Review of 2019 Updates
Last year, Google performed 3,200 changes to their system, including features and regular updates meant to keep the results relevant.
“Our search algorithms are complex math equations that rely on hundreds of variables, and last year alone, we made more than 3,200 changes to our search systems. Some of these were visible launches of new features, while many others were regular updates meant to keep our results relevant as content on the web changes.”Sullivan, Danny. “How we keep Search relevant and useful.” Google, 15 Jul 2019. https://www.blog.google/products/search/how-we-keep-google-search-relevant-and-useful/. Accessed 2 Jan, 2020.
Timeline of Important 2019 Google Updates
June 6, 2019: SEARCH DIVERSITY
June 6, 2019, Google announced on the Search Liaison Twitter account that it updated search results to show a more diverse set of search results.
Google will aim to show no more than two results from the same domain for a particular query in the top results. This only impacts core results, not additional search features.
“Site diversity will generally treat subdomains as part of a root domain. IE: listings from subdomains and the root domain will all be considered from the same single site.”@searchliaison. “The site diversity change means that you usually won’t see more than two listings from the same site in our top results…” Twitter, 6 June. 2020, 01:58 p.m., twitter.com/PurdueWLab/status/176728308736737282.
July 1, 2019 : ROBOTS.TXT DIRECTIVES
July 1, 2019, Google announced that the robots.txt protocol is working towards becoming an Internet standard. The change affecting the most website has been how to “deindex” a page, or how to keep a page from displaying in search results.
Previously, many websites simply disallowed the page in their robots.txt This practice is ineffective because crawl bots can find the page through others linking to it.
September 1, 2019: END to NOINDEX as a Directive
September 1, Google officially withdrew support for unpublished rules within the Robots Exclusion Protocol, putting an end to noindex as a directive within the robots.txt file.
In order to successfully prevent a page from appearing in Google Search developers will need to include a noindex meta tag in the page’s HTML code.
Example: <meta name=”robots” content=”noindex” />
Be sure the page is allowed in the robots.txt file. When Googlebot next crawls that page and sees the tag, Googlebot will drop that page entirely from Google Search results, regardless of whether other sites link to it.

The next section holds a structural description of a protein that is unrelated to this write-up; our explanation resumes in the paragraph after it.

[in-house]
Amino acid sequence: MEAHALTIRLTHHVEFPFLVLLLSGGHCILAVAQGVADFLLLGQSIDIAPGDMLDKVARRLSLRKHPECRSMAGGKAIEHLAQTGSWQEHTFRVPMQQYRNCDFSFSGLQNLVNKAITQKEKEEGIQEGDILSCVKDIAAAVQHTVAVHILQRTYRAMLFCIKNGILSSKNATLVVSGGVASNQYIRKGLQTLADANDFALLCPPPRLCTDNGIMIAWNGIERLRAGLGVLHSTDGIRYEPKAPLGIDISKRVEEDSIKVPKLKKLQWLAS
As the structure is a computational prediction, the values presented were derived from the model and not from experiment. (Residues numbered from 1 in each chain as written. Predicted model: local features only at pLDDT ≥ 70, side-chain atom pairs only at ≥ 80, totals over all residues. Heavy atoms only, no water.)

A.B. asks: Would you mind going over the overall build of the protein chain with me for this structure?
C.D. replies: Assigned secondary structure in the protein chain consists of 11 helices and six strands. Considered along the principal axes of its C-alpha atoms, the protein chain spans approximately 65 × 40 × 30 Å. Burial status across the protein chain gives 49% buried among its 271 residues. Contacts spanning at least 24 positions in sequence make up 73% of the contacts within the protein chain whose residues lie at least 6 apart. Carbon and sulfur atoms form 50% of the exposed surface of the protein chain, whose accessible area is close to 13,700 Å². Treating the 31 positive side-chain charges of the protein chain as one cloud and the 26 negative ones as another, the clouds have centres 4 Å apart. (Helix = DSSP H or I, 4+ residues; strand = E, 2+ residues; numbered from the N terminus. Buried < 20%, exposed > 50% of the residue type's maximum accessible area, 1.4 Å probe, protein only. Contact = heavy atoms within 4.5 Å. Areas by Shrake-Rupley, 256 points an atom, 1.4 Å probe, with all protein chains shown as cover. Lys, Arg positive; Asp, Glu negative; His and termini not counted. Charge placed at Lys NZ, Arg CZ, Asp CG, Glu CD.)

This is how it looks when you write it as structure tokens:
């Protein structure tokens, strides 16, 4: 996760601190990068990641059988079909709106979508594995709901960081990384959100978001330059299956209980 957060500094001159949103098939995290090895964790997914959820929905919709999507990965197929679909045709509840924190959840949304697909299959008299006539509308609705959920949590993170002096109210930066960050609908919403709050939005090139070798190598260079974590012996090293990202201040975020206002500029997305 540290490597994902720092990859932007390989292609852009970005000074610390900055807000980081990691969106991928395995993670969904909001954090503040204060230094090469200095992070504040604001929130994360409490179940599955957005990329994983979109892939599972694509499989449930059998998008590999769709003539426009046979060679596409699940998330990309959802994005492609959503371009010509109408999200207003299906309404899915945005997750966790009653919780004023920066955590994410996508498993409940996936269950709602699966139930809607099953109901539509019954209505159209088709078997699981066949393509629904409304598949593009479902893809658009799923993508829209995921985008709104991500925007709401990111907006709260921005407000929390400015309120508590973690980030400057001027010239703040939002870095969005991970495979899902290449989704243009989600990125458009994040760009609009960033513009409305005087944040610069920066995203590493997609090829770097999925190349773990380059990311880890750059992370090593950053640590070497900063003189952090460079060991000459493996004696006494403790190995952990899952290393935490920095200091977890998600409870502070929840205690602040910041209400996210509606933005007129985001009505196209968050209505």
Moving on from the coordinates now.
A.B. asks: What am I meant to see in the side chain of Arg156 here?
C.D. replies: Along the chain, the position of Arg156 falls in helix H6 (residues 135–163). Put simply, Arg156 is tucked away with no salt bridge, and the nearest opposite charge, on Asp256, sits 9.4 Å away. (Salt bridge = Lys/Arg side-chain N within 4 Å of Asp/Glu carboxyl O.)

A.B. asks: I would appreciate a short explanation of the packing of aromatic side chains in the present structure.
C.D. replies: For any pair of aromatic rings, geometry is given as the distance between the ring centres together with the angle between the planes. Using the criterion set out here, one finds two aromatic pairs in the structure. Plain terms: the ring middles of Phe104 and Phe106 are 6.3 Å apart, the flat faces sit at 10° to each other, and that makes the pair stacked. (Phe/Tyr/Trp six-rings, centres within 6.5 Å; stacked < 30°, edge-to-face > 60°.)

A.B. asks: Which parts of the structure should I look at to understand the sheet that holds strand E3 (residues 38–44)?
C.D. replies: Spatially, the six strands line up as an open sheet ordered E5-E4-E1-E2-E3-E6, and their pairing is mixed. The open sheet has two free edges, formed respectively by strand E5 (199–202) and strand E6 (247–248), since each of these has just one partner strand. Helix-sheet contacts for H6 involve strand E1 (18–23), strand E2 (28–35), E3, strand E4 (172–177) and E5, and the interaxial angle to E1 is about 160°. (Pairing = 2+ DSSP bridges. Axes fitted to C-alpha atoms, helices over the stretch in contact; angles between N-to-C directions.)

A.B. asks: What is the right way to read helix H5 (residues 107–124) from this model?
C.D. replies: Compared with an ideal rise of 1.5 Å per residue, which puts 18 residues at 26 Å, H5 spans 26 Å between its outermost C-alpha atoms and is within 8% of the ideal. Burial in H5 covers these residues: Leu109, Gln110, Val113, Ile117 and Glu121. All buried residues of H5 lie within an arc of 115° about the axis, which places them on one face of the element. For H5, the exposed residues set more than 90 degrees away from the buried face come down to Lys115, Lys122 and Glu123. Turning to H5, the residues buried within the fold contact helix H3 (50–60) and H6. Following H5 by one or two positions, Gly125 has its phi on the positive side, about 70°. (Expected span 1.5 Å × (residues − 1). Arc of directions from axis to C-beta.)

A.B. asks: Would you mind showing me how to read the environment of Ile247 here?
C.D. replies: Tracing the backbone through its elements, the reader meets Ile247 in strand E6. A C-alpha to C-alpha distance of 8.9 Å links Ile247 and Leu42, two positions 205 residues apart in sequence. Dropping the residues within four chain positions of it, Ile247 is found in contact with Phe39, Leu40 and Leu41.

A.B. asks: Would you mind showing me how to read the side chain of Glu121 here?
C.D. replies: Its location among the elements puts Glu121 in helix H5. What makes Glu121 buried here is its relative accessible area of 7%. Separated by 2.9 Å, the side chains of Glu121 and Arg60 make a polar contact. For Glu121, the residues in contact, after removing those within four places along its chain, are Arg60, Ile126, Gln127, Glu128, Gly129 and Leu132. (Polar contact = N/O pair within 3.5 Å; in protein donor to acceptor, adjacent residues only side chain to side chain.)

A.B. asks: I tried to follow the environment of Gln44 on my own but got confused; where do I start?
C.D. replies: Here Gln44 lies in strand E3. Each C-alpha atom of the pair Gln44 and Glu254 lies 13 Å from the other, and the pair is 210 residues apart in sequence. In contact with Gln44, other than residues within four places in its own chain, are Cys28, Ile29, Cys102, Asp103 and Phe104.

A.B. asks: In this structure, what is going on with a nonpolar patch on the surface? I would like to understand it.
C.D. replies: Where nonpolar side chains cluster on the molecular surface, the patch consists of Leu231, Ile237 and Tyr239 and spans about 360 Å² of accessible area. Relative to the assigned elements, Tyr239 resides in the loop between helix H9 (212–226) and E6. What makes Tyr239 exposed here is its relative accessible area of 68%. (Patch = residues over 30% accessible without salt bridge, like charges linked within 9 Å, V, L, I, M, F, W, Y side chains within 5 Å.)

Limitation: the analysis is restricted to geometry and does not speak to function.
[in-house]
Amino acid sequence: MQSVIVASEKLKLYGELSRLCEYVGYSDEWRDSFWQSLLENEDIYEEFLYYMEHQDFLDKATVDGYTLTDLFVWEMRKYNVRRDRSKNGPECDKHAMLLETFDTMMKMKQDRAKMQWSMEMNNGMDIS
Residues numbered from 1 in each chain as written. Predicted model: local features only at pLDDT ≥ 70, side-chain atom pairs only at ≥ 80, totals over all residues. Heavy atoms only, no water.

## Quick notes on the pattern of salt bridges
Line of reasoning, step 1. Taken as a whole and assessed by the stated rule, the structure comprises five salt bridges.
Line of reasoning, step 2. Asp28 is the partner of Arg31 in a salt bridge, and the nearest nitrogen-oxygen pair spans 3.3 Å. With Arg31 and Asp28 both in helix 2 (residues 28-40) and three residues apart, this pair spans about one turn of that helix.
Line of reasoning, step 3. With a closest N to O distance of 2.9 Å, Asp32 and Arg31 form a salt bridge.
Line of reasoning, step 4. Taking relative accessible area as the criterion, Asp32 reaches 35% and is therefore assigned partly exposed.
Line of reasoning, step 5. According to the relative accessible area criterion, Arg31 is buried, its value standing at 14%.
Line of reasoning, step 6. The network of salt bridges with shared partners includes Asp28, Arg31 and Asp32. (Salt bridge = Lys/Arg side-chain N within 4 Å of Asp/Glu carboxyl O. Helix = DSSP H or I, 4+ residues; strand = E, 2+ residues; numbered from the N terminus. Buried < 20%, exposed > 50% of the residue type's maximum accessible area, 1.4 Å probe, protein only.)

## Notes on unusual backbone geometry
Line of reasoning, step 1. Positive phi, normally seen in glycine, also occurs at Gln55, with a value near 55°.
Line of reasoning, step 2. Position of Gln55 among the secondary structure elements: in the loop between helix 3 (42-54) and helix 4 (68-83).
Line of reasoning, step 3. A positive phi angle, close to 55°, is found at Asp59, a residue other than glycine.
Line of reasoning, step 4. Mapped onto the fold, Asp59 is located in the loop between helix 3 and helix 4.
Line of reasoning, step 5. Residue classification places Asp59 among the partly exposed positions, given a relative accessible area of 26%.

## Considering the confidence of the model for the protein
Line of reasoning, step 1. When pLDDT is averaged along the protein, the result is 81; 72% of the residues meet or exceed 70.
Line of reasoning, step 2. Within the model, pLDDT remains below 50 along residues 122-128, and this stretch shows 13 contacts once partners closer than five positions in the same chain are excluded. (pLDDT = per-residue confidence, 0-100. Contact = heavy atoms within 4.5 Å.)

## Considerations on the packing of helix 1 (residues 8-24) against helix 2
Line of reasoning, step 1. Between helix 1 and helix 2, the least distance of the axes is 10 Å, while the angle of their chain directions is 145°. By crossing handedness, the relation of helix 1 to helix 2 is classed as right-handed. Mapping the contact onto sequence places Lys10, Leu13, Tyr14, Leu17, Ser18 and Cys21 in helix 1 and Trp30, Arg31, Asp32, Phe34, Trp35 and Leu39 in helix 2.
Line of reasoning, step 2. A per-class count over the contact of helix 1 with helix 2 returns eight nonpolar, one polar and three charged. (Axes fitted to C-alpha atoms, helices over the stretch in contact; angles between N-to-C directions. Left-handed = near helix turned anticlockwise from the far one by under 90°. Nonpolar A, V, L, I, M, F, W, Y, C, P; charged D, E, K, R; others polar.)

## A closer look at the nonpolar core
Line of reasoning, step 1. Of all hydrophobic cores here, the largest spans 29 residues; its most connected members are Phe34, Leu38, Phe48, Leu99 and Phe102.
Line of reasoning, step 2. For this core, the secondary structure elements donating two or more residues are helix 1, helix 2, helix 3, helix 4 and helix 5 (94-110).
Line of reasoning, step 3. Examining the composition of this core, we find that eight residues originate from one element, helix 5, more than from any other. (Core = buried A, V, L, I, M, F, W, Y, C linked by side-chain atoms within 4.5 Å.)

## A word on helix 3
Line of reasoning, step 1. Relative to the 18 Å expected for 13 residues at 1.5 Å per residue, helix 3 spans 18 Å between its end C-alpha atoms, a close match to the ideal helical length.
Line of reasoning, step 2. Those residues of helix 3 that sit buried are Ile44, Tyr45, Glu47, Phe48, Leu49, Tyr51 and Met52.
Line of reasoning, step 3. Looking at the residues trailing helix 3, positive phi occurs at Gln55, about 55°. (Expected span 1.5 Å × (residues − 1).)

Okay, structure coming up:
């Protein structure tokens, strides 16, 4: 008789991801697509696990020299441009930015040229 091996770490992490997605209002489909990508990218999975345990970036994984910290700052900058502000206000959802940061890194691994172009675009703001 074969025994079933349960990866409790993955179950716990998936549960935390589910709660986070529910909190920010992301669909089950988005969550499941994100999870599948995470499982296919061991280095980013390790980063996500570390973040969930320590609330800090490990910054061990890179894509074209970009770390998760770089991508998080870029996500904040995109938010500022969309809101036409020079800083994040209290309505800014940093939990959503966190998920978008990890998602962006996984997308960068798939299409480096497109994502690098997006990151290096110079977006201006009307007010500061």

September 10, 2019: New Ways to Identify the Nature of Links
September 10, 2019, Google introduced rel=”sponsored” and rel=”ugc” to indicate paid and user-generated content, respectively.
“All the link attributes — sponsored, UGC and nofollow — are treated as hints about which links to consider or exclude within Search. We’ll use these hints — along with other signals — as a way to better understand how to appropriately analyze and use links within our systems.”“Evolving “nofollow” – new ways to identify the nature of links.” Google Webmaster Central Blog, 10 Sept. 2019, https://webmasters.googleblog.com/2019/09/evolving-nofollow-new-ways-to-identify.html. Accessed 2 January, 2020.
October 3, 2019: H1 Tags
October 3, 2019, Google revealed that multiple H1 tags on a page, or even the lack thereof, would not trip up Google’s systems.
“In short, when thinking about this topic, SEO shouldn’t be your primary objective,” Mueller advised. “Instead, think about your users: if you have ways of making your content accessible to them, be it by using multiple H1 headings or other standard HTML constructs, then that’s not going to get in the way of your SEO efforts.”Mueller, John. “Multiple H1 Headings: How to Handle Them for SEO & Accessibility? #AskGoogleWebmasters.” YouTube, commentary by John Mueller, 03 Oct. 2019, youtu.be/gK645_7TA6c.
October 25, 2019: BERT
Bill Slawski, search engine patent expert, describes BERT as:
“Bert is a natural language processing pre-training approach that can be used on a large body of text. It handles tasks such as entity recognition, part of speech tagging, and question-answering among other natural language processes. Bert helps Google understand natural language text from the Web.”Montti, Roger. “Google BERT Update – What it Means.” Search Engine Journal, 25, October, 2019, https://www.searchenginejournal.com/google-bert-update. Accessed 02, January, 2019.
If you have heard the advice,
- “think more of natural language searches,”
- “BERT means optimizing your site for long tail queries.”
They likely misunderstood natural language processing…It’s not that your site has to be long tail search friendly.
BERT is about Google understanding what a user means and being able to connect that to more specific information that already exists on your website.
You do not need to optimize for BERT.
Curious about what 2020 seo will bring? These are my thoughts on industry buzzwords and how to stay relevant in a no-click serp.